Sharing the Wealth

By: John Kaster

Abstract: John K invites you to help in the collaboration projects for the community web site.

Sharing the Wealth

Ever since Turbo Pascal 1.0 came along and changed the way developers wrote software, Borland has had an enthusiastic and loyal following. There are many reasons developers may like using Borland tools. For me, the impact Turbo Pascal made on my software development efforts made me a fan for life.

I was writing a text editor using UCSD Pascal on an IBM PC/XT. The editor was only 1,000 lines of code or so, but every compilation took about fifteen minutes. I became very proficient at visual compiling, because I could actually find syntax errors faster than the compiler did. When I did finally have to compile and run the application, I would start the compile and go grab a drink or find a book to read.

We won't explore the amount of paper I used to print the source code so I could review it. Printing (even back in the early 1980s) was faster than compiling the source code with the UCSD Pascal compiler. Turbo Pascal broke all the rules and conventional wisdom of software development.

Turbo-charged Development

The first time I saw Turbo Pascal, all my notions about software development went flying out the window. The IDE and compilation speed made it actually practical (and easy) to write code and test it without going through a paper-based debugging process.

After the first fifteen minutes of using it, I was hooked. If you're reading this, chances are that you know I was not alone in this addiction.

I couldn't wait to share my discovery with other computer lab mates. We would all laugh in disbelief and struggle to adjust our mindset to the new development world. Soon, everyone in the computer science department at college had their own copy of Turbo Pascal. After many years and many products, Borland tools still win the hearts and minds of software developers around the world.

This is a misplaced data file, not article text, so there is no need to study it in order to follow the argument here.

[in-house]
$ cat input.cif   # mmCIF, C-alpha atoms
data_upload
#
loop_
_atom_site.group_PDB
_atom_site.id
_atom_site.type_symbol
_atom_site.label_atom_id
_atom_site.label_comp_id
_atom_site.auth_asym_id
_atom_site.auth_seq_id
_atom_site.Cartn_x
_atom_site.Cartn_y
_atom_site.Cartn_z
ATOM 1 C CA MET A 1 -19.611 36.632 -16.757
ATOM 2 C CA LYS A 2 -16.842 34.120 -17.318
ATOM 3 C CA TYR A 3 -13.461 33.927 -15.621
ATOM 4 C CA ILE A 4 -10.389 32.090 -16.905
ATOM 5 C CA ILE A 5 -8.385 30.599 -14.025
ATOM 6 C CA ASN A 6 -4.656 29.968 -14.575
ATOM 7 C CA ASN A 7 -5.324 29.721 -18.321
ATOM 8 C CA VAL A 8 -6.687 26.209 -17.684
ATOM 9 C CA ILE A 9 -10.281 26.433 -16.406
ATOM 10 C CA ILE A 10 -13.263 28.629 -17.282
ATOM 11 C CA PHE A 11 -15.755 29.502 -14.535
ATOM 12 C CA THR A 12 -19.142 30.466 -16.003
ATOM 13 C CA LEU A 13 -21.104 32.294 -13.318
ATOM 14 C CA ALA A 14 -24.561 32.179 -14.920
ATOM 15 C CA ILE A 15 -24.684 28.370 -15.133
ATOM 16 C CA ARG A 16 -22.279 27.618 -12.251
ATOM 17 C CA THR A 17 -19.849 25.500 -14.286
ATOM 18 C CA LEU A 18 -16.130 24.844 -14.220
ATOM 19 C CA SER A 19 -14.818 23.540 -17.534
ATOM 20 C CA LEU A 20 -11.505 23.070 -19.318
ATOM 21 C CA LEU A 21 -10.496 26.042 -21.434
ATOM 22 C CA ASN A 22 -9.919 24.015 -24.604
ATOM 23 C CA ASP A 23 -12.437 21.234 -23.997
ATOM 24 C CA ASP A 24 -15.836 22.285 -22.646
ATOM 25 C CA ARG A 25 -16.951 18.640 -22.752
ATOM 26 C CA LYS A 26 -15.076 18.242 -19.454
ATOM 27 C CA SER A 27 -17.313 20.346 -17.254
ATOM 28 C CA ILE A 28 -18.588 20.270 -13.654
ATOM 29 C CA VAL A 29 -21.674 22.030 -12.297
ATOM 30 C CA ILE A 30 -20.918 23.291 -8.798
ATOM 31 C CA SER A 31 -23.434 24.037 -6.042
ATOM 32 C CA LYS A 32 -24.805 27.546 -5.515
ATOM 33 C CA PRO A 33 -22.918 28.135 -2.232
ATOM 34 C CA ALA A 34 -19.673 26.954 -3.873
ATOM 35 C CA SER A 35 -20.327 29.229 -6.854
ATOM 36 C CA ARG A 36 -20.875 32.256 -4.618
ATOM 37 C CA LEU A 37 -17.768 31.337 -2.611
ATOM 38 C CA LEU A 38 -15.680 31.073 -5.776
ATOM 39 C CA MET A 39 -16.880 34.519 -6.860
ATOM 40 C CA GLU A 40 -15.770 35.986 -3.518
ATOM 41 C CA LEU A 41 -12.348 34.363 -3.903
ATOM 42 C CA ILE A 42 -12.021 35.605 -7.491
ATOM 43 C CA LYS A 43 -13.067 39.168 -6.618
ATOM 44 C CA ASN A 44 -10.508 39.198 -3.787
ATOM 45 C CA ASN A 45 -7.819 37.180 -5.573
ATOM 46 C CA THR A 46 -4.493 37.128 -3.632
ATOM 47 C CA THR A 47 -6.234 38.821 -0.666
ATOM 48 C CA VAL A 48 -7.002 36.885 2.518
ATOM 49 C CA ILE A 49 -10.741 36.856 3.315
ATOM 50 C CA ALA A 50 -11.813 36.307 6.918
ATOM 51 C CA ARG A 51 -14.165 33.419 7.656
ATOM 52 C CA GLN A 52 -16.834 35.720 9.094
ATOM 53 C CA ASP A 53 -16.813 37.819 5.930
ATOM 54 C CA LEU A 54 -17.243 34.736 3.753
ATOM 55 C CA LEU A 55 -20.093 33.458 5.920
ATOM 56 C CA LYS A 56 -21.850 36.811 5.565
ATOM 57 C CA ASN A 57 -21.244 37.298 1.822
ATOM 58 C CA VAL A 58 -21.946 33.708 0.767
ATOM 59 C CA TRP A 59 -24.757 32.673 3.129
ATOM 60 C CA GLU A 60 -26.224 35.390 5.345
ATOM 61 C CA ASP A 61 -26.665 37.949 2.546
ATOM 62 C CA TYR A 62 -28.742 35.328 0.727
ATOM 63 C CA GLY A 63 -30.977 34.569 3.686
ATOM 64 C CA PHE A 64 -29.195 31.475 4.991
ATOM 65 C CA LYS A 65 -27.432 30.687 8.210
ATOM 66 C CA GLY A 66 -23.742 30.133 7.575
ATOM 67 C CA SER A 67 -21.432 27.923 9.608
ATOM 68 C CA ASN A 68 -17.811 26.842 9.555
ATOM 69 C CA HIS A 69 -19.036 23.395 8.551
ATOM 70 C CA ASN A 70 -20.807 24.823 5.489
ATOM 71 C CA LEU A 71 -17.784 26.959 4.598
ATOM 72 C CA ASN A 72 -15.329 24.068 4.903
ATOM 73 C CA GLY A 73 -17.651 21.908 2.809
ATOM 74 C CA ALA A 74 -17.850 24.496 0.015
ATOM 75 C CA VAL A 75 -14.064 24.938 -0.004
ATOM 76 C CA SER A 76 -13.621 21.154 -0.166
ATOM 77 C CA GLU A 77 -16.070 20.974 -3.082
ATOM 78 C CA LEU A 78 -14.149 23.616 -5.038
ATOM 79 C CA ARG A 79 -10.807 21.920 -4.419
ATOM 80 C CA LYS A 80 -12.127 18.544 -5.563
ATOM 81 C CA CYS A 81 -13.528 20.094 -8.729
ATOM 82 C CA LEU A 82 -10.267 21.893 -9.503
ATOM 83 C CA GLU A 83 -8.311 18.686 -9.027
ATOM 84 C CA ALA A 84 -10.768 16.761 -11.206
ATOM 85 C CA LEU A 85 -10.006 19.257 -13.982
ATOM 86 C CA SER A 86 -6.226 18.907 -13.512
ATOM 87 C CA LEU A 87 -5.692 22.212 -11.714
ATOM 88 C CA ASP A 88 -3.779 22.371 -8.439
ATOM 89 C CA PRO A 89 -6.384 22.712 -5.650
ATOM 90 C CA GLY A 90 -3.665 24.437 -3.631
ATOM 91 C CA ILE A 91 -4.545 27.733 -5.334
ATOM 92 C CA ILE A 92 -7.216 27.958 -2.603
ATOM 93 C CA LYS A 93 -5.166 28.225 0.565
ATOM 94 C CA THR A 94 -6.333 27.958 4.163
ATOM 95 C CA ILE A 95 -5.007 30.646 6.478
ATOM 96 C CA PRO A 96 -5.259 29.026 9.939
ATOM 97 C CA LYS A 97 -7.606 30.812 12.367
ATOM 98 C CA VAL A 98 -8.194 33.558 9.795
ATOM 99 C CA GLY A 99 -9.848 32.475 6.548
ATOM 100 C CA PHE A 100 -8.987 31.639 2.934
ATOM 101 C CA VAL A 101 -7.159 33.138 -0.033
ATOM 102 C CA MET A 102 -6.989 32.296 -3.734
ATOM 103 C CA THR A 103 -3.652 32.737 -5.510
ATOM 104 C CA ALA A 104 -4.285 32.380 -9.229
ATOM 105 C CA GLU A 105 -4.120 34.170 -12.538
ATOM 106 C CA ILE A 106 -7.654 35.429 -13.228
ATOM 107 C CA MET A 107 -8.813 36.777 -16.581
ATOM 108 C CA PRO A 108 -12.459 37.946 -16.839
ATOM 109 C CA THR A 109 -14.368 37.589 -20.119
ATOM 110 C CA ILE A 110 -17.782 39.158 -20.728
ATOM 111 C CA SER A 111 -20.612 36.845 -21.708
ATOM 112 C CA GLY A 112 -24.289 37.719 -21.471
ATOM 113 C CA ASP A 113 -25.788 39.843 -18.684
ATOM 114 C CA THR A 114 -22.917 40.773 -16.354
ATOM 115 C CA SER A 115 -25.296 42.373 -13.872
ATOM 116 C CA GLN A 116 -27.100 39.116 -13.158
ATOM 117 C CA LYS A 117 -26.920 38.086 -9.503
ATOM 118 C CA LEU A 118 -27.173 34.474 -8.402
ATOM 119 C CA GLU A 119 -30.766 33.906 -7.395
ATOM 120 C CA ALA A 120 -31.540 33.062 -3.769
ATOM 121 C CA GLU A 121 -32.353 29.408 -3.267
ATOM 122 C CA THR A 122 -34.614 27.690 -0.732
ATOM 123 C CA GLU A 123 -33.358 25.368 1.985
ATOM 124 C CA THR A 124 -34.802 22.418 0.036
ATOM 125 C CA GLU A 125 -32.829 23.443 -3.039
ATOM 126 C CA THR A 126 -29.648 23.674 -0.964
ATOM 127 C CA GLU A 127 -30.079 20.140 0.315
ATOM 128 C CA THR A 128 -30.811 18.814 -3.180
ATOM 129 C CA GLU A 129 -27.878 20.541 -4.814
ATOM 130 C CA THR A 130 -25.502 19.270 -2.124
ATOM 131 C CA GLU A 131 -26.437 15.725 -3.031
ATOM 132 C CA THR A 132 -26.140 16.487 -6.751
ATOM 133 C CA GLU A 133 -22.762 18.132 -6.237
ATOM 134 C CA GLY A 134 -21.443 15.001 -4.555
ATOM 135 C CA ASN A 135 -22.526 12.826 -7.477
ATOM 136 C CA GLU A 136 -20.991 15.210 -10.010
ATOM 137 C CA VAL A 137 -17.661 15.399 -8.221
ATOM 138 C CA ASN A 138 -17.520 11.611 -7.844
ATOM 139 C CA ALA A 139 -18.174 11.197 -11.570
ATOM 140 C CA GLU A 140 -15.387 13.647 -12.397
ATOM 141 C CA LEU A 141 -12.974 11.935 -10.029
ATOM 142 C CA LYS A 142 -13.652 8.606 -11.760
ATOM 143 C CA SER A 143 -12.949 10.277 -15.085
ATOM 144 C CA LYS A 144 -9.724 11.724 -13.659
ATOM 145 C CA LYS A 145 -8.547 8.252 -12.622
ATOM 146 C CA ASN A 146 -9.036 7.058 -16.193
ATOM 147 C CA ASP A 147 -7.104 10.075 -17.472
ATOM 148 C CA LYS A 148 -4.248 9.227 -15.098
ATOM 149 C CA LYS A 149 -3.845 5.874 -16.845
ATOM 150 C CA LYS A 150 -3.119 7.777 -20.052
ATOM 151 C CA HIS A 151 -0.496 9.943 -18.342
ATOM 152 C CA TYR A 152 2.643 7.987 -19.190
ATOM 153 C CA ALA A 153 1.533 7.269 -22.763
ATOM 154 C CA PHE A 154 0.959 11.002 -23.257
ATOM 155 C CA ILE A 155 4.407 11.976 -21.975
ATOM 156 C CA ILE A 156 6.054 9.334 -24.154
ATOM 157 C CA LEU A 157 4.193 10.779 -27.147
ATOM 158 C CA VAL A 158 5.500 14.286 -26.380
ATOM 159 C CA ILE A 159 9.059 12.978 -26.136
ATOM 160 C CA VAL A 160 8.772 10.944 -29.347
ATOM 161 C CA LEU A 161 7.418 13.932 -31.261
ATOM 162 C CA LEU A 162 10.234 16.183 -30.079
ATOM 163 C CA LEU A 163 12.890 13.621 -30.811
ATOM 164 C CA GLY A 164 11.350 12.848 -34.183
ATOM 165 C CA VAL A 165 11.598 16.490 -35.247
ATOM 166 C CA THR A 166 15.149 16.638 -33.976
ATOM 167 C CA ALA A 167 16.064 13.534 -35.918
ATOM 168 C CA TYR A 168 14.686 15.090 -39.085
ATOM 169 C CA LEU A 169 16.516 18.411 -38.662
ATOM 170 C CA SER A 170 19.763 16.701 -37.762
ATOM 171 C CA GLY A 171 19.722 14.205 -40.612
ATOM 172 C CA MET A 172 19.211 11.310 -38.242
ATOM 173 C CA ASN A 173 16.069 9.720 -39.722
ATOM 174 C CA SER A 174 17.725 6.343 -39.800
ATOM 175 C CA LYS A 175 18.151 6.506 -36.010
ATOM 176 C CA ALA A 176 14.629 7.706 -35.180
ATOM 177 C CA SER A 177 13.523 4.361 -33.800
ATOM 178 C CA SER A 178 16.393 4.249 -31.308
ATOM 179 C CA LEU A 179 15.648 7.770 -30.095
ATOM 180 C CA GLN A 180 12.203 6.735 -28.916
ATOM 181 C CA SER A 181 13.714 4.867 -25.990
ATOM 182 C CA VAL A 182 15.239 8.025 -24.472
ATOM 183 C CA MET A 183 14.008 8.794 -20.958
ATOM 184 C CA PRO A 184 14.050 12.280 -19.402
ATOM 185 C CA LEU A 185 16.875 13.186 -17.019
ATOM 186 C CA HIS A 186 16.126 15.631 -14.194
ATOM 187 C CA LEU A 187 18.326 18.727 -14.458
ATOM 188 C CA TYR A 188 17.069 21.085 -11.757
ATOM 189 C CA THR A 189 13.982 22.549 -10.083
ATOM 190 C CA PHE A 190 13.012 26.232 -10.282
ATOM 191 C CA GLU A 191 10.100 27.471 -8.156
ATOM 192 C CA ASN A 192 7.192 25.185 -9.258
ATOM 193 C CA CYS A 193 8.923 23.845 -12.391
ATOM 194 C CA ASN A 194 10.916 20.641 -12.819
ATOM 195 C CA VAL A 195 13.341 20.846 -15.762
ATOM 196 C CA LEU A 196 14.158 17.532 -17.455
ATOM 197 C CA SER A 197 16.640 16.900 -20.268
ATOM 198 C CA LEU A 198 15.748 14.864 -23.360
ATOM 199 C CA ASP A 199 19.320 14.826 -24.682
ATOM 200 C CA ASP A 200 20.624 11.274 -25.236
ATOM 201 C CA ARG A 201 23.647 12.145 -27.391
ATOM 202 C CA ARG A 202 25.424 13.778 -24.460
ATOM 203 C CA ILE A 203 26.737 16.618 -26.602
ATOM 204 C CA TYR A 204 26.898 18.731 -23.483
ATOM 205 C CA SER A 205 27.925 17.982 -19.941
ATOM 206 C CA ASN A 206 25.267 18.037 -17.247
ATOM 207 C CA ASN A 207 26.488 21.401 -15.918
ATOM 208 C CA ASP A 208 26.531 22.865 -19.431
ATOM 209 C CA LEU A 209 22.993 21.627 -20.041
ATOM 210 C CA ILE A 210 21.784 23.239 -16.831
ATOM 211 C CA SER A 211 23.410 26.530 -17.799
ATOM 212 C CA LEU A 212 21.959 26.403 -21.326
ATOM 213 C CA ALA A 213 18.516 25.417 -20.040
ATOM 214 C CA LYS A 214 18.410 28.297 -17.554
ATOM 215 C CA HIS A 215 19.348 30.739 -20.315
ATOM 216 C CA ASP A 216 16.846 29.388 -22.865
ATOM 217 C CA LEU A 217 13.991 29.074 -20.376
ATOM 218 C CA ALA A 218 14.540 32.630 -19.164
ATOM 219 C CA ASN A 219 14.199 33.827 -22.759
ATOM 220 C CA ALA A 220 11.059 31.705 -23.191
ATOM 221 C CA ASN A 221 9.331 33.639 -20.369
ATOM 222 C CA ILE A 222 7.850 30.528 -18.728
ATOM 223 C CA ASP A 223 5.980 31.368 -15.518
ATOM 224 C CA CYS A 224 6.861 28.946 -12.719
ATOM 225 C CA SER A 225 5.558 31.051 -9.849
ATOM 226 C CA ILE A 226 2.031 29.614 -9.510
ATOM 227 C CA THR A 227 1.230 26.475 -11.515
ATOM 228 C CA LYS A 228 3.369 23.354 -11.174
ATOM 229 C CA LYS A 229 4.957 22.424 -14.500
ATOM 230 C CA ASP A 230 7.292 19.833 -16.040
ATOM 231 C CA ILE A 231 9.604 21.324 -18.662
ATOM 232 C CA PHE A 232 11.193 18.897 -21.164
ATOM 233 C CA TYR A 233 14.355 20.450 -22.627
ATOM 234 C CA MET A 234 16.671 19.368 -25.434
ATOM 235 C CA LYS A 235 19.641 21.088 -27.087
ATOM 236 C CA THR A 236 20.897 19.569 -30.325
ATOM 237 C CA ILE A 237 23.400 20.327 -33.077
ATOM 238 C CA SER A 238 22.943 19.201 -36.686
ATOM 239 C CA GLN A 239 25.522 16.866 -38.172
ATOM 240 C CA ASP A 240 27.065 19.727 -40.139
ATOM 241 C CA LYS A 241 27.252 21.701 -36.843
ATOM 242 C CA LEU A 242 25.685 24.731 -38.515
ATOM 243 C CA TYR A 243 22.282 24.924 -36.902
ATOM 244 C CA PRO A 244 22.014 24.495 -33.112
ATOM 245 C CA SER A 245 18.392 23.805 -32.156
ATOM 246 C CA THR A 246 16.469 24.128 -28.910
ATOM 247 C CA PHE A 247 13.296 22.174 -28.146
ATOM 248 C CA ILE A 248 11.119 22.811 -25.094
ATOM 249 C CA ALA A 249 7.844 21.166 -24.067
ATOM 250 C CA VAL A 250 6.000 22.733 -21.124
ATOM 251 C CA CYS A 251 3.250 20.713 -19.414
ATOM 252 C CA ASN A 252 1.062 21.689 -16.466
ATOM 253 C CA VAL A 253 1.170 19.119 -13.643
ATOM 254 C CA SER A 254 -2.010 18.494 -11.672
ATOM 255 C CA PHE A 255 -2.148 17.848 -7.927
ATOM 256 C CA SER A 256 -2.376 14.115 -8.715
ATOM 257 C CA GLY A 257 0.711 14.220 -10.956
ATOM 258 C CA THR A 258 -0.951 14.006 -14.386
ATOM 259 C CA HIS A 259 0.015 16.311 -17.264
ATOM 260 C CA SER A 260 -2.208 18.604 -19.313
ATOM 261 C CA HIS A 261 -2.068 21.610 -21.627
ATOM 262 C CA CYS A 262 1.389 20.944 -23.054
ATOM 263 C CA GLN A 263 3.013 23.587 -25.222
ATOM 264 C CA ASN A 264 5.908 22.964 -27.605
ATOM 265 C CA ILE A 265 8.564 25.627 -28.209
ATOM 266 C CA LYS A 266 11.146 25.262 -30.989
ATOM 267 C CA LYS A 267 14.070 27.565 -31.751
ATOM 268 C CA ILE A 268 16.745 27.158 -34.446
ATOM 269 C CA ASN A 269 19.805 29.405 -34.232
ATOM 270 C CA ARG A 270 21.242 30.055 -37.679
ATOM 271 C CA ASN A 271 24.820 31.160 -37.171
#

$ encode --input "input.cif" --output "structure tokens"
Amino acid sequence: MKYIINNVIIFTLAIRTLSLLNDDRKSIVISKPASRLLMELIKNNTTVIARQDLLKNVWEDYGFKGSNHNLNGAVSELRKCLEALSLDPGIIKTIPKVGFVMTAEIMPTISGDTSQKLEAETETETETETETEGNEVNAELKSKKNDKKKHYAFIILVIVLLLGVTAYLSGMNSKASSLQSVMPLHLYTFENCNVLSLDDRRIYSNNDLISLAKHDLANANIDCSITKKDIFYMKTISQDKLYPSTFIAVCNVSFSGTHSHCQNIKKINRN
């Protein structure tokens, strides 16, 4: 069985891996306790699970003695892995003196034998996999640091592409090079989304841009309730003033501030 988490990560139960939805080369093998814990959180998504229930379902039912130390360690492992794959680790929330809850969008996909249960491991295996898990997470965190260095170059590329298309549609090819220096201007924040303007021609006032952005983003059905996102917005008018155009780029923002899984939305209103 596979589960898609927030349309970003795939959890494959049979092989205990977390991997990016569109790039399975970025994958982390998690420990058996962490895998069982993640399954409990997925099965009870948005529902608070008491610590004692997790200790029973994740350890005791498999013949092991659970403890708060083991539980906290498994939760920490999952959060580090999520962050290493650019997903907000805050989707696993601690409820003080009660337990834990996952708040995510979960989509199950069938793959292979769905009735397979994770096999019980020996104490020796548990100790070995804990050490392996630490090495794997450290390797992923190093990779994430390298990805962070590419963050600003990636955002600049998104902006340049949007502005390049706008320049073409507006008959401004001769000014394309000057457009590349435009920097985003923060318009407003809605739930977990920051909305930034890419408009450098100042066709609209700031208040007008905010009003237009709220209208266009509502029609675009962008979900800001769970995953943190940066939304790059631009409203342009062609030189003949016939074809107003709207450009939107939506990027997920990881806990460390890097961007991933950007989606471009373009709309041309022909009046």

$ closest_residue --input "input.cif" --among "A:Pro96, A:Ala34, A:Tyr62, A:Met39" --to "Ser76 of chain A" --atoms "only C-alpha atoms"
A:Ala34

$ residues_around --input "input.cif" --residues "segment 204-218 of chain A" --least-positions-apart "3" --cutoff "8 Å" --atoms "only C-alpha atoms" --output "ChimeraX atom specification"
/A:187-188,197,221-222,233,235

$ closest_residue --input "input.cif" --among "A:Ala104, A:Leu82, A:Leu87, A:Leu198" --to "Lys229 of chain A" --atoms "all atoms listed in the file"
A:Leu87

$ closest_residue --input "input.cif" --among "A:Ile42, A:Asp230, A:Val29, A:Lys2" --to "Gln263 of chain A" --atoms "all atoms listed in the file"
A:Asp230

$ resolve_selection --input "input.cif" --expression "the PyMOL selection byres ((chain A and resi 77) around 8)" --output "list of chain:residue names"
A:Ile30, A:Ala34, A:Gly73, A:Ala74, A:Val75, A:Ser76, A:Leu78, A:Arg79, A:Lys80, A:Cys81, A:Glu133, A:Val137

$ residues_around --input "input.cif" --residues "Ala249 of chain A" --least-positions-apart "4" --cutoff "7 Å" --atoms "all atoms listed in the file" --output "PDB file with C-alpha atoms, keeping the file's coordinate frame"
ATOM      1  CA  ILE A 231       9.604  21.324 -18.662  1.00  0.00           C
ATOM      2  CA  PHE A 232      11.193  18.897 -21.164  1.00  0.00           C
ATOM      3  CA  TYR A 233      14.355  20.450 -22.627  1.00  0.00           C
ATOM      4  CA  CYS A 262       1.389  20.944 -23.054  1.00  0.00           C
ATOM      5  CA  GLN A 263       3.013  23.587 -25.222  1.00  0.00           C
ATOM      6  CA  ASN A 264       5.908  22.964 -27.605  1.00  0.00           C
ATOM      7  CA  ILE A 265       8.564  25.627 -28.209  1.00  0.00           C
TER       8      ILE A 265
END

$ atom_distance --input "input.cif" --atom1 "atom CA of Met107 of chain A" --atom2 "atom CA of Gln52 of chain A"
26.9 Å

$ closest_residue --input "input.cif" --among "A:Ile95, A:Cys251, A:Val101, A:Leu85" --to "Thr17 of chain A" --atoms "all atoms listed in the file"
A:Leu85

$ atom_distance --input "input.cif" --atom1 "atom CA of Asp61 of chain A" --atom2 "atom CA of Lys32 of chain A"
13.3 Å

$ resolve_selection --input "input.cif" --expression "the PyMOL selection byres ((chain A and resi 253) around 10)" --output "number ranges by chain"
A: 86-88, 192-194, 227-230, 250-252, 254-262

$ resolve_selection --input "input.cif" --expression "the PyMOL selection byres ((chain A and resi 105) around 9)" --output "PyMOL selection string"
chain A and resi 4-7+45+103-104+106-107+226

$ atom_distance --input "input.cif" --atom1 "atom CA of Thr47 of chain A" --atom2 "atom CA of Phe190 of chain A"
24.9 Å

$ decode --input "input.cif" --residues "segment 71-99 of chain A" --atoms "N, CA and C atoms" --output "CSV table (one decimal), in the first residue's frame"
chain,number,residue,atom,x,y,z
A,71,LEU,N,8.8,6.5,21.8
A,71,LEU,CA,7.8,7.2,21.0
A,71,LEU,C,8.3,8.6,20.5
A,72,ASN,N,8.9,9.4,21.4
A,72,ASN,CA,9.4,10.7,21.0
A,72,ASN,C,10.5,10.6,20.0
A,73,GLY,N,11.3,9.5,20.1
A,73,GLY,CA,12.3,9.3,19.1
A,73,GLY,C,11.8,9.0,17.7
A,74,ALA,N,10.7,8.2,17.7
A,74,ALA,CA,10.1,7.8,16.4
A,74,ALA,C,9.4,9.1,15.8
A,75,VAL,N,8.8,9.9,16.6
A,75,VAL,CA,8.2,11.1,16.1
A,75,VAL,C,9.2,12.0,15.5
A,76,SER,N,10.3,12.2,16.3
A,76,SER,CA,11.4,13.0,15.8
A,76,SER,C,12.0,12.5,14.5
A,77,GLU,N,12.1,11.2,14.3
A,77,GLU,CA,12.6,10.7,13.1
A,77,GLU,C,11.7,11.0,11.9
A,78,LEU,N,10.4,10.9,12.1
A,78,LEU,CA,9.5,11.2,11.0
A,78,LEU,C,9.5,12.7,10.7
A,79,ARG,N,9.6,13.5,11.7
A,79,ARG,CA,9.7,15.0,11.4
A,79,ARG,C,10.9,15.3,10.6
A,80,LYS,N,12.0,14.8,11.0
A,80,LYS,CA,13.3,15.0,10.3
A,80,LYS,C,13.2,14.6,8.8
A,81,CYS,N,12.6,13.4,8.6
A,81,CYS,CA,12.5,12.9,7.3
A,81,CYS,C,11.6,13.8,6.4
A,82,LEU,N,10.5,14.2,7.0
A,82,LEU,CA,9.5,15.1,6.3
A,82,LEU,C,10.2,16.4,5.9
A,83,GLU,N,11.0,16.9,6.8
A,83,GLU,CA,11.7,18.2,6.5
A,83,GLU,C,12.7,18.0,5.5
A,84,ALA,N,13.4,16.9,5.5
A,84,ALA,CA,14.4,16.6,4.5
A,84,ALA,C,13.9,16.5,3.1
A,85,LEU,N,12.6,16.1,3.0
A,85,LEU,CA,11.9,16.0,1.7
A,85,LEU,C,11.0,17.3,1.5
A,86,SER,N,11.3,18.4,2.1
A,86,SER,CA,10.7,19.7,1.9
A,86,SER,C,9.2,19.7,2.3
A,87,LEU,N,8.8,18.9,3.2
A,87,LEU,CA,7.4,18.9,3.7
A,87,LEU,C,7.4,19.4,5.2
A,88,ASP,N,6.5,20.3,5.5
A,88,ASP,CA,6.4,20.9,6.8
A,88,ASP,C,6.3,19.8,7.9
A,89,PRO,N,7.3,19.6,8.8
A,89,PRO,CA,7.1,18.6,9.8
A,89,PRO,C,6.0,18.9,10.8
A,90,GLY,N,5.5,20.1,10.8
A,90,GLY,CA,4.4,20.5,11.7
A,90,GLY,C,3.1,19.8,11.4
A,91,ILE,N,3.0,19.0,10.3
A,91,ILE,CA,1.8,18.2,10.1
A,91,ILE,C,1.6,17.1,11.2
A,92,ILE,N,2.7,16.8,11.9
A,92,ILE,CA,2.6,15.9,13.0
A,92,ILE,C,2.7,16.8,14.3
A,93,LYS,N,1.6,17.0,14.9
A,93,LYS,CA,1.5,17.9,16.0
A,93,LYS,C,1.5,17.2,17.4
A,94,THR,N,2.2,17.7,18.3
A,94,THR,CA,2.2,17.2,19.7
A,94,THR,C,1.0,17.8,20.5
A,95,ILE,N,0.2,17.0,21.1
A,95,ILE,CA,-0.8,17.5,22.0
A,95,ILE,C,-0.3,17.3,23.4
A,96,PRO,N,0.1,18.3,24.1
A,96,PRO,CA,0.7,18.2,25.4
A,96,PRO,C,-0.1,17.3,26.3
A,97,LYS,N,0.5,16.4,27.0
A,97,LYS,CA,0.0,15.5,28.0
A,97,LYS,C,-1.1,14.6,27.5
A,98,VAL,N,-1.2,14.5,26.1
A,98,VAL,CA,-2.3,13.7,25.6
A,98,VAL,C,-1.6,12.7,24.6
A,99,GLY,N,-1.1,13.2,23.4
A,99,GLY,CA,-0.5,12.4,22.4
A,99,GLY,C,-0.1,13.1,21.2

In 15 minutes, a community was born.

The Borland Developer Community

Developers who use Borland tools have a reputation for enthusiasm, early adoption of the latest and greatest technology, and generously contributing their time and knowledge to helping other software developers build their applications and businesses. The Borland newsgroups are some of the most active development newsgroups on the Internet, because of the high quality of information provided by the members of the newsgroups. This is often called a good signal-to-noise ratio.

This quality of information and expertise is so well recognized that you often find people coming to the Borland newsgroups to ask technical questions that relate to computing in general, not specifically Borland products.

If you read our newsgroups, you may even find questions about competing products asked (and answered!) in our newsgroups. I have seen many dialogs in our newsgroups that go like this:

Joe User: "I'm having a problem with Company X's product ..."

Jane User: "Just do (whatever) and everything should work out fine. But why did you ask this question here?"

Joe User: "Because I knew I'd get the answer here. I asked in Company X's newsgroup, but no one responded."

The Force of Imagination